Most of us are familiar with the frequency of sound, which is perceived as pitch and measured in cycles per second, now called Hertz. Audio components— amplifiers, loudspeakers, etc.— are characterized by frequency response curves. MTF is also a frequency response, except that it involves spatial frequency— cycles (line pairs) per distance (millimeters or inches) instead of time. The mathematics is the same. The plots on these pages have spatial frequencies that increase continuously from left to right. High spatial frequencies correspond to fine image detail. The response of photographic components (film, lenses, scanners, etc.) tends to roll off at high spatial frequencies. These components can be thought of as lowpass filters— filters that pass low frequencies and attenuate high frequencies.

Line pairs or lines?
All MTF charts and most resolution charts display spatial frequency in cycles or line pairs per unit length (mm or inch). But there are exceptions. An old standard for measuring TV resolution uses line widths instead of pairs, where there are two line widths per pair, over the total height of the display. When dpreview.com recommends multiplying the chart values in its lens tests by 100 to get the total vertical lines in the image, they refer to line widths, not pairs. Confusing, but I try to keep it straight. Imatest SFR displays MTF in cycles (line pairs) per pixel, line widths per picture height (LW/PH; derived from TV measurements), and line pairs per distance (mm or in).

The essential meaning of MTF is rather simple. Suppose you have a pattern consisting of a pure tone (a sine wave). At frequencies where the MTF of an imaging system or a component (film, lens, etc.) is 100%, the pattern is unattenuated— it retains full contrast. At the frequency where MTF is 50%, the contrast half its original value, and so on. MTF is usually normalized to 100% at very low frequencies. But it can go above 100% with interesting results.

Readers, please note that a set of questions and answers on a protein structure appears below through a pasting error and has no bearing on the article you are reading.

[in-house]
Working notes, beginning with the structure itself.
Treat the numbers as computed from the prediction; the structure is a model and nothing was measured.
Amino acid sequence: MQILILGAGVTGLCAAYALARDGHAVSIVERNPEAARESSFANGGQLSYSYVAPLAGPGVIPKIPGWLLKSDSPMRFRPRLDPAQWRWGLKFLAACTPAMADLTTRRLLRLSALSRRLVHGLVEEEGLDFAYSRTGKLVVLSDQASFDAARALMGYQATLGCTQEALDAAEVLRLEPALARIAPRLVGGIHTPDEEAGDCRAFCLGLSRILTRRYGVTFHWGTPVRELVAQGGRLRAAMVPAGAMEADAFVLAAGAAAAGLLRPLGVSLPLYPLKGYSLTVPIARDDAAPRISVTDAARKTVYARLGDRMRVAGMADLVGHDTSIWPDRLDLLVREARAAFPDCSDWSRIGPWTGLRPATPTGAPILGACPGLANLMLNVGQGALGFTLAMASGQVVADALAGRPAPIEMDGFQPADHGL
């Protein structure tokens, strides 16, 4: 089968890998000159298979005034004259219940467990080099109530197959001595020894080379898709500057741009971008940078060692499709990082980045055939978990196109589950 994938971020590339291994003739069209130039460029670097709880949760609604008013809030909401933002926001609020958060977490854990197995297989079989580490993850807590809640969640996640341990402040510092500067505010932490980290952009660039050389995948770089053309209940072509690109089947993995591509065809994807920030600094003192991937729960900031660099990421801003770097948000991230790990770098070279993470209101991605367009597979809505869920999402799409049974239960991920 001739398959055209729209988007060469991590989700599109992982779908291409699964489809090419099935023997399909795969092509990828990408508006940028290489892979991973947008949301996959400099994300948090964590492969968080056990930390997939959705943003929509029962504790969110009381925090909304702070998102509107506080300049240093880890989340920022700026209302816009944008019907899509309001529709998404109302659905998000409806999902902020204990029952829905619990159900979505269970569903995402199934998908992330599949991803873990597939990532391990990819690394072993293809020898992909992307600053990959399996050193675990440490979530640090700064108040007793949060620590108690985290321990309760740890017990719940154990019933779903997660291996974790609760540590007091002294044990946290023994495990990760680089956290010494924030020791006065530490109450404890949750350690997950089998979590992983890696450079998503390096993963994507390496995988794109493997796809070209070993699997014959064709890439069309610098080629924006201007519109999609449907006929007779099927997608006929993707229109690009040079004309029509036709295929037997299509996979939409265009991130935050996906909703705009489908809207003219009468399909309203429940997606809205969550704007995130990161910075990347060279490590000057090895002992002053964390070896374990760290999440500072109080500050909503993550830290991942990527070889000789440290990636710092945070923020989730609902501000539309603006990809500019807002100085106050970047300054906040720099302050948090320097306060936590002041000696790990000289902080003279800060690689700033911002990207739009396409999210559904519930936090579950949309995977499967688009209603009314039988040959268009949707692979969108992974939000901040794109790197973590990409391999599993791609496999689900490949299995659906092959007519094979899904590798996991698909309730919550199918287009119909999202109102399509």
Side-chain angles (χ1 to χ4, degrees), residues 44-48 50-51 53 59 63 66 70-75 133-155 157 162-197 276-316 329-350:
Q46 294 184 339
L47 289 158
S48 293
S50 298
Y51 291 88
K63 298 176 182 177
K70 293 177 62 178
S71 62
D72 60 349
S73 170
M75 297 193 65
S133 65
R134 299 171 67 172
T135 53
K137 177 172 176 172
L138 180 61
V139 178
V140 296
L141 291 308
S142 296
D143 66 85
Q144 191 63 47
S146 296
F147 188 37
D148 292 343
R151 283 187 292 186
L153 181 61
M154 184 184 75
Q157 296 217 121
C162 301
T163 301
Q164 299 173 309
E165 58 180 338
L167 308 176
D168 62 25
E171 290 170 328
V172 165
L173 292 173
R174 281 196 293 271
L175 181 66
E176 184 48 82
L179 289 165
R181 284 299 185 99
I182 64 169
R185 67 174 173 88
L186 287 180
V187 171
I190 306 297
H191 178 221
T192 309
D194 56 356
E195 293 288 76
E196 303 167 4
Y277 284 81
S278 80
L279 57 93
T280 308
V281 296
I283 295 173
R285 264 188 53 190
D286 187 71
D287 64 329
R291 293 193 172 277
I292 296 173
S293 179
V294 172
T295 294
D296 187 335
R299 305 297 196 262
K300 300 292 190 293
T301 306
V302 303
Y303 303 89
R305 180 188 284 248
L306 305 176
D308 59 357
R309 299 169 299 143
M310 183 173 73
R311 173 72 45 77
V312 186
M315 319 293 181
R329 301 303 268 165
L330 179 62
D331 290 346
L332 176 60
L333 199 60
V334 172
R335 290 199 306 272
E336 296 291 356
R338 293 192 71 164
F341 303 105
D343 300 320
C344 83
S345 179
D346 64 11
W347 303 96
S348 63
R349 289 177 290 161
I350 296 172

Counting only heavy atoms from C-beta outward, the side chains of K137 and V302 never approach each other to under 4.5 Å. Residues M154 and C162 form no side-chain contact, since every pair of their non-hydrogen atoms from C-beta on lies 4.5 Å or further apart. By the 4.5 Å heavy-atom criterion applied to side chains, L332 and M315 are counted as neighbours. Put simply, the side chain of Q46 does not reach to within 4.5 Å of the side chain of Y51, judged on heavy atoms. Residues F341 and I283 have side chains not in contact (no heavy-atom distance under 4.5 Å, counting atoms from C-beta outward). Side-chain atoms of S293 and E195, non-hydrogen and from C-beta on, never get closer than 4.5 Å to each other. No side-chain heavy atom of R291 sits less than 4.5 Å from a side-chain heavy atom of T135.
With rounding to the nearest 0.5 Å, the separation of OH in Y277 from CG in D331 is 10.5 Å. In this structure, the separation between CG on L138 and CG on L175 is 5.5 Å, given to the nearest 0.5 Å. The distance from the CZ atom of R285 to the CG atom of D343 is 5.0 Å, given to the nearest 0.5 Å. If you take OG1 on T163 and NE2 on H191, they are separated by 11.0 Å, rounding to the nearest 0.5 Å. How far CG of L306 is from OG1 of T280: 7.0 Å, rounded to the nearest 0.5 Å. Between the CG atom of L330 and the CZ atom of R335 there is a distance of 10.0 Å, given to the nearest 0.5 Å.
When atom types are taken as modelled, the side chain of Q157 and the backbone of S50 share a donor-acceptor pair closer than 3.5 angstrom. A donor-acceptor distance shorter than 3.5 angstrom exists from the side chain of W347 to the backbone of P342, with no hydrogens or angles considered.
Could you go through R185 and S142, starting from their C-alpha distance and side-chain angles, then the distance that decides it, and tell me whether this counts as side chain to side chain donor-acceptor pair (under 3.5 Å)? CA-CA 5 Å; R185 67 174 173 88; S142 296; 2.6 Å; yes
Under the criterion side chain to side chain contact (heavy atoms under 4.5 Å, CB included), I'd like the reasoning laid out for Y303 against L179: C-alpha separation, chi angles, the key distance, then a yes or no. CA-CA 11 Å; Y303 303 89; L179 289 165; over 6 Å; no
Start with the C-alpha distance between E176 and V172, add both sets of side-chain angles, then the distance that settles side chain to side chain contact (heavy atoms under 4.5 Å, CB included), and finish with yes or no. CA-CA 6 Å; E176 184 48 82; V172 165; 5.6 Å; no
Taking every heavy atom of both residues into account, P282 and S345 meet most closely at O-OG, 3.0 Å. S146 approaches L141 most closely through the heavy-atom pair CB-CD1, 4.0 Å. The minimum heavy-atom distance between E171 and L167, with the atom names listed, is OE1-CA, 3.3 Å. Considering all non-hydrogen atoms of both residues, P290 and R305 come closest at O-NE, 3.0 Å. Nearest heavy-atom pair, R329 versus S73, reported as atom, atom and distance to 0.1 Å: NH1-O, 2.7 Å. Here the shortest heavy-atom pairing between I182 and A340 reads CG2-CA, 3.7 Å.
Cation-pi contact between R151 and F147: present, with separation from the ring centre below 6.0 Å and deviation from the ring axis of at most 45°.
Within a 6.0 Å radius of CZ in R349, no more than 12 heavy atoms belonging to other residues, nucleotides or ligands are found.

Contrast levels from 100% to 2% are illustrated on the right for a variable frequency sine pattern. Contrast is moderately attenuated for MTF = 50% and severely attenuated for MTF = 10%. The 2% pattern is visible only because viewing conditions are favorable: it is surrounded by neutral gray, it is noiseless (grainless), and the display contrast for CRTs and most LCD displays is relatively high. It could easily become invisible under less favorable conditions.

How is MTF related to lines per millimeter resolution? The old resolution measurement distinguishable lp/mm— corresponds roughly to spatial frequencies where MTF is between 5% and 2% (0.05 to 0.02). This number varies with the observer, most of whom stretch it as far as they can. An MTF of 9% is implied in the definition of the Rayleigh diffraction limit.

Perceived image sharpness (as distinguished from traditional lp/mm resolution) is closely related to the spatial frequency where MTF is 50% (0.5)— where contrast has dropped by half.
One important detail: MTF is not the same as grain. Grain increases with film speed: MTF is less sensitive to film speed.

 MTF corresponds to the bandwidth of a communications system; grain corresponds to its noise.
Grain can be characterized by a frequency spectrum (higher frequencies correspond to finer grain patterns) as well as amplitude (intensity or contrast). Because there is no simple formula that determines how spectrum, amplitude and print magnification affect our perception of grain, Kodak has devised a subjective measure called "Print Grain Index." Later in this series I hypothesize that the Shannon information capacity of an imaging system— a function of bandwidth and noise— correlates with perceived image quality. 
 
The MTF curve on the right is for Fuji's highly regarded Provia 100F slide film. It's typical except for one detail: MTF isn't 100% at low spatial frequencies. This is an error— perhaps the work of an overly creative marketing department. The 50% MTF frequency ( f50 ) is about 42 lp/mm. MTF is only shown as far as 60 lp/mm. The resolution of this film is rated as 60 lp/mm for 1.6:1 chart contrast and 140 lp/mm for 1000:1 chart contrast. The latter number may be of interest to astronomers, but it has little to do with the perceived image sharpness of any realistic scenes.

The figure below represents a sine pattern (pure frequencies) with spatial frequencies from 2 to 200 cycles (line pairs) per mm on a 0.5 mm strip of film. The top half of the sine pattern has uniform contrast. The bottom half illustrates the effects of Provia 100F on the MTF. Pattern contrast drios ub half at 42 cycles/mm.